Two papers given at the Amsterdam conference on the history of archives and records throw some light on aspects of professional ethics. The first of these was by Astrid Eckert, on the denazification of German government archivists after the Second World War. As with other aspects of archivology, looking at a question from a historical point of view is often illuminating. This paper pointed out that in 1939 80% of German archivists were members of the Nazi party, though almost all of them survived the inquests held afterwards. From an ethical point of view, what did they do wrong? They acted in accordance with law and with what was commonly regarded as good citizenship, in their social milieu. From a historical standpoint we can see that they had subscribed to a structured ruling ideology that had proved to be wrong from the broad human point of view. A similar situation may well have occurred in countries subject to the Soviet system. We could ask ourselves whether we too have come to subscribe to a structured ideology which after time will be seen to be detestable. That remains a question for current debate. However this is not an idle or frivolous comment, but an important pointer to the nature and use of ethical codes. The whole heart and purpose of such codes must be to direct both institutions and individuals towards a good, satisfactory and truthful goal. Therefore, that codes of ethics should be directed in the first place to institutions, and that their mission and policy statements should reflect the ethical principles in them, is of first importance.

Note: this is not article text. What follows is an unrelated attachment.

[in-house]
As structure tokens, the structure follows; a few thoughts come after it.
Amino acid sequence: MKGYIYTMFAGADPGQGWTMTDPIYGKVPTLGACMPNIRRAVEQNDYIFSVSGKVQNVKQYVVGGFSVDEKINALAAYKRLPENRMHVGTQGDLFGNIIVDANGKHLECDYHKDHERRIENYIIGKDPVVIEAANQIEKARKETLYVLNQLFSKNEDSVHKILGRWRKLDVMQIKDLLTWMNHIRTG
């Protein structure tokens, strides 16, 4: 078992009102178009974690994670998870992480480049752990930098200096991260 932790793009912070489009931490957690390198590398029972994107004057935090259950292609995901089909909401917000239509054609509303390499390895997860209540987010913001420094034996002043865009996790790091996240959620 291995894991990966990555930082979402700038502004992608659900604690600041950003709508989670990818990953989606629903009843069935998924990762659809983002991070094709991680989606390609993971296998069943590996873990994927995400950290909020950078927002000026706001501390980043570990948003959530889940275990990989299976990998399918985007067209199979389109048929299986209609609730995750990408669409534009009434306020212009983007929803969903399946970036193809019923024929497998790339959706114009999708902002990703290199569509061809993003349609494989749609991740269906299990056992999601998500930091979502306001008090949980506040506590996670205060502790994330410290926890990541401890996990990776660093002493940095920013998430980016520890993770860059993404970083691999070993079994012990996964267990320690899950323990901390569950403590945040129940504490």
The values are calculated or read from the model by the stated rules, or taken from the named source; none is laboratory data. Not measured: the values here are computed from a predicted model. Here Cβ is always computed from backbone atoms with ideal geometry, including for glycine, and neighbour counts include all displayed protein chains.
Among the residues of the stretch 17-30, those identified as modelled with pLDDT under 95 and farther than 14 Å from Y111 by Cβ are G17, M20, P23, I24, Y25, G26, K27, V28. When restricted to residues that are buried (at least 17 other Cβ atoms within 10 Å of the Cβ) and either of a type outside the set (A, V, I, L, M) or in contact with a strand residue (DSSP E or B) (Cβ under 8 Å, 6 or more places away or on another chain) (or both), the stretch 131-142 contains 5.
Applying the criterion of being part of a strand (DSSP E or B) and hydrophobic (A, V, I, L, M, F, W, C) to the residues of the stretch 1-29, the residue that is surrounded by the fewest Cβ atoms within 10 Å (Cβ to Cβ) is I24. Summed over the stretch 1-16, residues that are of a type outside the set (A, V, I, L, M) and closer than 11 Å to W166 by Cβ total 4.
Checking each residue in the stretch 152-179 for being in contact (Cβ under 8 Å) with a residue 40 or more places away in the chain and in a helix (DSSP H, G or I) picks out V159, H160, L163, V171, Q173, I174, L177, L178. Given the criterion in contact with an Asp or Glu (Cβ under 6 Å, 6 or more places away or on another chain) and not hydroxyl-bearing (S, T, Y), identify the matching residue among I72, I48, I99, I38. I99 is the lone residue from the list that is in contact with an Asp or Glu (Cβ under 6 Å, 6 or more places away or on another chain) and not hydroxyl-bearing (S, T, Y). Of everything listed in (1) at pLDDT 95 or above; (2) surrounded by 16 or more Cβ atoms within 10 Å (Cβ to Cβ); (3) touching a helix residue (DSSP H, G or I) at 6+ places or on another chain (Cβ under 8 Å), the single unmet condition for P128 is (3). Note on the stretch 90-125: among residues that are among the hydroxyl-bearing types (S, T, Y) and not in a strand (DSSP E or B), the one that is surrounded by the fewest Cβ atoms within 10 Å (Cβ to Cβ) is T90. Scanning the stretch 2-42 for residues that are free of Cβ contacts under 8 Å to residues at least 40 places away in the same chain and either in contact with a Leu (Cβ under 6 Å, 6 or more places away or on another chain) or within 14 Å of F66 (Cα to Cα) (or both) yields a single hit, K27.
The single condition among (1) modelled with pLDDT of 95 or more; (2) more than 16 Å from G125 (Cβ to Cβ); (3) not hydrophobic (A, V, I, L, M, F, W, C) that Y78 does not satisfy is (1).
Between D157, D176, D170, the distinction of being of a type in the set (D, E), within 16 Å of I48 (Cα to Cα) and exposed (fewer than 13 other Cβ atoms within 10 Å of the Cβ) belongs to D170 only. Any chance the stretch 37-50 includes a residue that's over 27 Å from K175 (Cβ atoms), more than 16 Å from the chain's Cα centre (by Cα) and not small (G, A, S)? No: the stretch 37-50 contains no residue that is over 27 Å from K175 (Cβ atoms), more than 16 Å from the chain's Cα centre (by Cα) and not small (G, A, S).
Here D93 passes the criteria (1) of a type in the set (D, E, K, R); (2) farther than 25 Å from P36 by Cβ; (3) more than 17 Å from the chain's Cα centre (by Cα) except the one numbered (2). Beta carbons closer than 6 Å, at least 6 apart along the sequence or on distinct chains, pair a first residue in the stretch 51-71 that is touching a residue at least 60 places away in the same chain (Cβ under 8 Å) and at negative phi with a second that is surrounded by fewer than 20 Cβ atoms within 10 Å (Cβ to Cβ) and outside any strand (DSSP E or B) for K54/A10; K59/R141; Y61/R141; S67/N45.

The second subject of interest was introduced by two papers, by Eric Ketelaar and Tom Adami, and concerned the archives and records of the International Criminal Tribunals, for Rwanda and Yugoslavia, respectively. Both courts, very properly, have employed ARM professionals, and in the Yugoslav case a very expert archivist consultant. The question posed was, to whom do these records belong? A narrow answer, of course, is that their owner is the International Criminal Tribunal, or behind that, the United Nations. Both organisations have currently operative rules regarding their records management. However, a broader answer would be that all stakeholders have a kind of ownership. These stakeholders, of course, are largely the families of the victims of the atrocities recorded. An even stronger case could be made for this broad ownership of the records of the Truth and Reconciliation Commissions of South Africa and elsewhere. Such an ownership concept would surely support a development of professional ethics in an institutional direction.